FIG. 9 is a block diagram illustrating an exemplary video controller system 900 in accordance with various embodiments of the invention. It is noted that video controller system 122 of FIG. 1 can be implemented in a manner similar to video controller system 900, but is not limited to such. The video controller system 900 can include, but is not limited to, a receiver 902, a recorder 904, a selector 906, a transmitter 908, a gaze tracking system 910, and an audio tracking system 912, which can each be referred to as a module. Furthermore, it is understood that each of the receiver 902, recorder 904, selector 906, transmitter 908, gaze tracking system 910, and audio tracking system 912 can be implemented with software, firmware, electronic hardware, or any combination thereof. Moreover, each of the receiver 902, recorder 904, selector 906, transmitter 908, gaze tracking system 910, and audio tracking system 912 can be coupled to each other. It is understood that the video controller system 900 can include additional or fewer elements than those shown in FIG. 9.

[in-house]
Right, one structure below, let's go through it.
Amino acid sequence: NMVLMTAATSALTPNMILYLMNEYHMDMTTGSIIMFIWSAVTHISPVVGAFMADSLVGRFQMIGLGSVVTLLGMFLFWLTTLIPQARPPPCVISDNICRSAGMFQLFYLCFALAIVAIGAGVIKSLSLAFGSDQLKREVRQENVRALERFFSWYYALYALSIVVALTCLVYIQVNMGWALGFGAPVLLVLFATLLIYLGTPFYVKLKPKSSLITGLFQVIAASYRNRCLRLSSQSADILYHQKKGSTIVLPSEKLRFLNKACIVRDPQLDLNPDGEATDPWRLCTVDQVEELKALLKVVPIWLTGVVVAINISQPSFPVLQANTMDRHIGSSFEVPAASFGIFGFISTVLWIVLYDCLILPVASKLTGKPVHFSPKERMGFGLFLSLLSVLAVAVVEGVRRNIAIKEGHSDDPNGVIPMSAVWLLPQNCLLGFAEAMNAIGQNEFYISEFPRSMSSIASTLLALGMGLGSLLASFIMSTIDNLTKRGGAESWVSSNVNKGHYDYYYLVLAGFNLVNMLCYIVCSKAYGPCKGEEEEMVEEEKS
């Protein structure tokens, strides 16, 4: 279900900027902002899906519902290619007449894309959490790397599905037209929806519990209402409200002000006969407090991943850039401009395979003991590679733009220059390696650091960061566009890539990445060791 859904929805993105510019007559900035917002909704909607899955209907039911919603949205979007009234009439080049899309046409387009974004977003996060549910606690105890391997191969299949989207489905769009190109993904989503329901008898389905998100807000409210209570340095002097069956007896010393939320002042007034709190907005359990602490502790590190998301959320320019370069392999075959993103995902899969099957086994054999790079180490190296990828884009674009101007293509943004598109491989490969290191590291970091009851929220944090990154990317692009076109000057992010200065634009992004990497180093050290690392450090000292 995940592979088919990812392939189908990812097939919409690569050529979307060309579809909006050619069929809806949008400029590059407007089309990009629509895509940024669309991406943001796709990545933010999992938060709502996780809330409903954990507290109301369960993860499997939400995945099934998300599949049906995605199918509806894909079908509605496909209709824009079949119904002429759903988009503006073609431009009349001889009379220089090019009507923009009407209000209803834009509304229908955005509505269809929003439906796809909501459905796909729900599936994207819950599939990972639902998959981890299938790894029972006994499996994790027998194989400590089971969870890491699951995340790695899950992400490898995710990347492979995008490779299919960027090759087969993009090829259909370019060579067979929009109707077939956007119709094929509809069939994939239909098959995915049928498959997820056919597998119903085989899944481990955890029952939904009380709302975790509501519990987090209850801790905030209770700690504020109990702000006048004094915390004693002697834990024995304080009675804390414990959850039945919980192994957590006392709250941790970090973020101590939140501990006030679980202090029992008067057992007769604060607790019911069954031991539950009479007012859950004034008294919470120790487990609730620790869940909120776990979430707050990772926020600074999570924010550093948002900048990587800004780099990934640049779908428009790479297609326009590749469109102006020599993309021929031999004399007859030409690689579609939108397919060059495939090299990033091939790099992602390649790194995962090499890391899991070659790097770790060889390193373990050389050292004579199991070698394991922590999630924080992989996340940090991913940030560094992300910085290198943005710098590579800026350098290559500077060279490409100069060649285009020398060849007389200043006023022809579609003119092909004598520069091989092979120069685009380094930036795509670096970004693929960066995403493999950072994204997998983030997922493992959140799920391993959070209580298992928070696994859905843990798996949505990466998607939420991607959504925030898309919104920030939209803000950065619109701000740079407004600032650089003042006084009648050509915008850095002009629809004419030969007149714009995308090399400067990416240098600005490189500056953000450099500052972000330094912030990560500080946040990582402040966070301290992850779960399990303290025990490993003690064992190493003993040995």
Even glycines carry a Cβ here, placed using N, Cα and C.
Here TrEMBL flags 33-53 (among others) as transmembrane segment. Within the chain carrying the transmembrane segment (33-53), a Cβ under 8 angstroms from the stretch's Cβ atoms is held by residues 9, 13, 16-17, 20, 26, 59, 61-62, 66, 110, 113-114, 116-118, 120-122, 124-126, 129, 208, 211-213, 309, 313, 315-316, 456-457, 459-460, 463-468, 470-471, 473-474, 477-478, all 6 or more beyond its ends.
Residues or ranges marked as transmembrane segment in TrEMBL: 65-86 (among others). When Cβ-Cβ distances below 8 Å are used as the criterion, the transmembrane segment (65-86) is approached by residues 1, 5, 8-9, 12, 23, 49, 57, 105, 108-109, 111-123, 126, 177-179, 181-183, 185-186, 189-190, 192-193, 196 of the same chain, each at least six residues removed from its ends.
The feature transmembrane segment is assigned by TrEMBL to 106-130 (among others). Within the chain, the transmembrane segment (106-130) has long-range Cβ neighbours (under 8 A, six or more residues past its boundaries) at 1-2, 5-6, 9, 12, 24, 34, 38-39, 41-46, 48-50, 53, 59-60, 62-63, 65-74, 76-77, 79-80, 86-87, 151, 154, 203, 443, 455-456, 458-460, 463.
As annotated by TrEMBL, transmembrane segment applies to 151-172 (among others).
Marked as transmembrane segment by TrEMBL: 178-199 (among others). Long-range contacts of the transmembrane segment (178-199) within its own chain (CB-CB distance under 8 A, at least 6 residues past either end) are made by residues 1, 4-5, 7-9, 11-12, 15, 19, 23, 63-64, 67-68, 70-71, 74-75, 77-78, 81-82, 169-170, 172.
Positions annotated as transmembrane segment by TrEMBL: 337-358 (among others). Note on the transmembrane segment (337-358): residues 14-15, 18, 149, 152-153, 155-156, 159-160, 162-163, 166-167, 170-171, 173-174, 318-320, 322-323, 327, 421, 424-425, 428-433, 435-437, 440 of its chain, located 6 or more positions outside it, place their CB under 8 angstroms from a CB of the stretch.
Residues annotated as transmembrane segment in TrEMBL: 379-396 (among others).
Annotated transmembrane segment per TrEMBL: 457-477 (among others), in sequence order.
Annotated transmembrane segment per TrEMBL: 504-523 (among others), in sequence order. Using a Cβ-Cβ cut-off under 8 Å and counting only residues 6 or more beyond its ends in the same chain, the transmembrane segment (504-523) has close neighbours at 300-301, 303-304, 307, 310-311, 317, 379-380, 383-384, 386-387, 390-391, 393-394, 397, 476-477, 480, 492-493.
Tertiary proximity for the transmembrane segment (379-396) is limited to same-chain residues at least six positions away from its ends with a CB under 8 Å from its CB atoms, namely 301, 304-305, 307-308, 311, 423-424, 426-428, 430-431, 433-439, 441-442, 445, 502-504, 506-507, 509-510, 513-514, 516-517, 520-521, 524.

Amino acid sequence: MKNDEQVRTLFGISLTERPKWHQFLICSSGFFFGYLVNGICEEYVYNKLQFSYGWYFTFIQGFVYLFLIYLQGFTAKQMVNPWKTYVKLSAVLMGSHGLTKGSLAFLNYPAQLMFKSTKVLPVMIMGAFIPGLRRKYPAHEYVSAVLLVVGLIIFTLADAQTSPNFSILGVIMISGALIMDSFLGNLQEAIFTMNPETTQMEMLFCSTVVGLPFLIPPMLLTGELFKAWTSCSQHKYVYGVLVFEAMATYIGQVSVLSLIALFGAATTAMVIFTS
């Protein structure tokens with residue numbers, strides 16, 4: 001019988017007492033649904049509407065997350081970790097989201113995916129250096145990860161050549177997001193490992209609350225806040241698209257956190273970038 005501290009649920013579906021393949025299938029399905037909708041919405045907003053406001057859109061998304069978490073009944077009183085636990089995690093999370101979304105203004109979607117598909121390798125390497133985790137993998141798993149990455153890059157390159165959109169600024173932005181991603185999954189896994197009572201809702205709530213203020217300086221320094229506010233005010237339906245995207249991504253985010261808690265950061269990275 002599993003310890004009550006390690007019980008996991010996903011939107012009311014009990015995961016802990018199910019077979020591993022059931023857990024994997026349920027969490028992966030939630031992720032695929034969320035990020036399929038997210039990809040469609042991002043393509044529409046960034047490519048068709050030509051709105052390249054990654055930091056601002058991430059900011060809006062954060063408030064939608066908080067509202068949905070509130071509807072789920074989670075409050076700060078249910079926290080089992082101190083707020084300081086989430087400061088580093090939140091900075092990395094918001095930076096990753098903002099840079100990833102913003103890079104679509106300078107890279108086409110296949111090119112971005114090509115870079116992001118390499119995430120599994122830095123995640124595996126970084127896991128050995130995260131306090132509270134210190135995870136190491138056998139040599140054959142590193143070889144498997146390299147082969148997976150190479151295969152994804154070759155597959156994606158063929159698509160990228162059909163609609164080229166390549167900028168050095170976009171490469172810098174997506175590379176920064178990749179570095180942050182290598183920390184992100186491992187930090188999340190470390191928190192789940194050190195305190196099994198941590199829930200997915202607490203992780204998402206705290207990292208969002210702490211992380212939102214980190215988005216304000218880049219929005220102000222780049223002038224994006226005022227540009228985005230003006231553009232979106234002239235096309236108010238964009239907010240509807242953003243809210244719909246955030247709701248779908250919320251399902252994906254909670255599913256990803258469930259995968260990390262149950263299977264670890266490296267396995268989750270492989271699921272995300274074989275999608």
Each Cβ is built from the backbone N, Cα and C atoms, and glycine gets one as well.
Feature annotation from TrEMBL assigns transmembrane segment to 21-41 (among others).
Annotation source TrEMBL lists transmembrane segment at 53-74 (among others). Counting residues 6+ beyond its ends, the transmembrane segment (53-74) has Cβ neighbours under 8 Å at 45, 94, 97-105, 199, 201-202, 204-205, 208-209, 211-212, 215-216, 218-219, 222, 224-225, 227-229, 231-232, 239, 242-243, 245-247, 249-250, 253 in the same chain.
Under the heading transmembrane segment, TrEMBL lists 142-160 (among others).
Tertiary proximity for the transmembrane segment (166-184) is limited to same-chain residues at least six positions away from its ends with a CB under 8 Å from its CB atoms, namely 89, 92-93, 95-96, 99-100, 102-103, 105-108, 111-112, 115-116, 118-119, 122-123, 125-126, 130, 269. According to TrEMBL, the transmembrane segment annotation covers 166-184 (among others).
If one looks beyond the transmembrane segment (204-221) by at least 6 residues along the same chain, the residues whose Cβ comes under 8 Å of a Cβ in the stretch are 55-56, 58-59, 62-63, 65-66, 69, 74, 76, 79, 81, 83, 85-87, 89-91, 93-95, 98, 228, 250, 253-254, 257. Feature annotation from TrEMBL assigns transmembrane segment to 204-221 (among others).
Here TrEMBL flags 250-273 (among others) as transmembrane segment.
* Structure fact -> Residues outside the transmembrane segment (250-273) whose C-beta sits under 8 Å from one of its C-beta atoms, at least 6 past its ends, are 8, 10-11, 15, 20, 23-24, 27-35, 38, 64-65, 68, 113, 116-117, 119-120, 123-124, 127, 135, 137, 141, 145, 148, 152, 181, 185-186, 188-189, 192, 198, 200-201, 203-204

Within video controller 900, the receiver 902 can be for receiving at least one video stream (or video images) from at least one video capturing device (e.g., 104, 106 and/or 108). Additionally, the receiver 902 can be for receiving at least one audio stream (or sound) from at least one audio capturing device (e.g., 612, 614 and/or 616). Furthermore, the receiver 902 can be for receiving at least one signal from at least one manual mechanism (e.g., 606, 608 and/or 610). The recorder 904 can be coupled to the receiver 902 in order to receive and record (or store) at least one video stream (or video images), at least one audio stream (or sound), and/or at least one signal. It is understood that the recorder 904, in various embodiments, can be implemented with, but is not limited to, volatile memory, non-volatile memory, or any combination thereof. The transmitter 908 can be coupled to the receiver 902 and/or the recorder 904 in order to receive and transmit at least one video stream (or video images).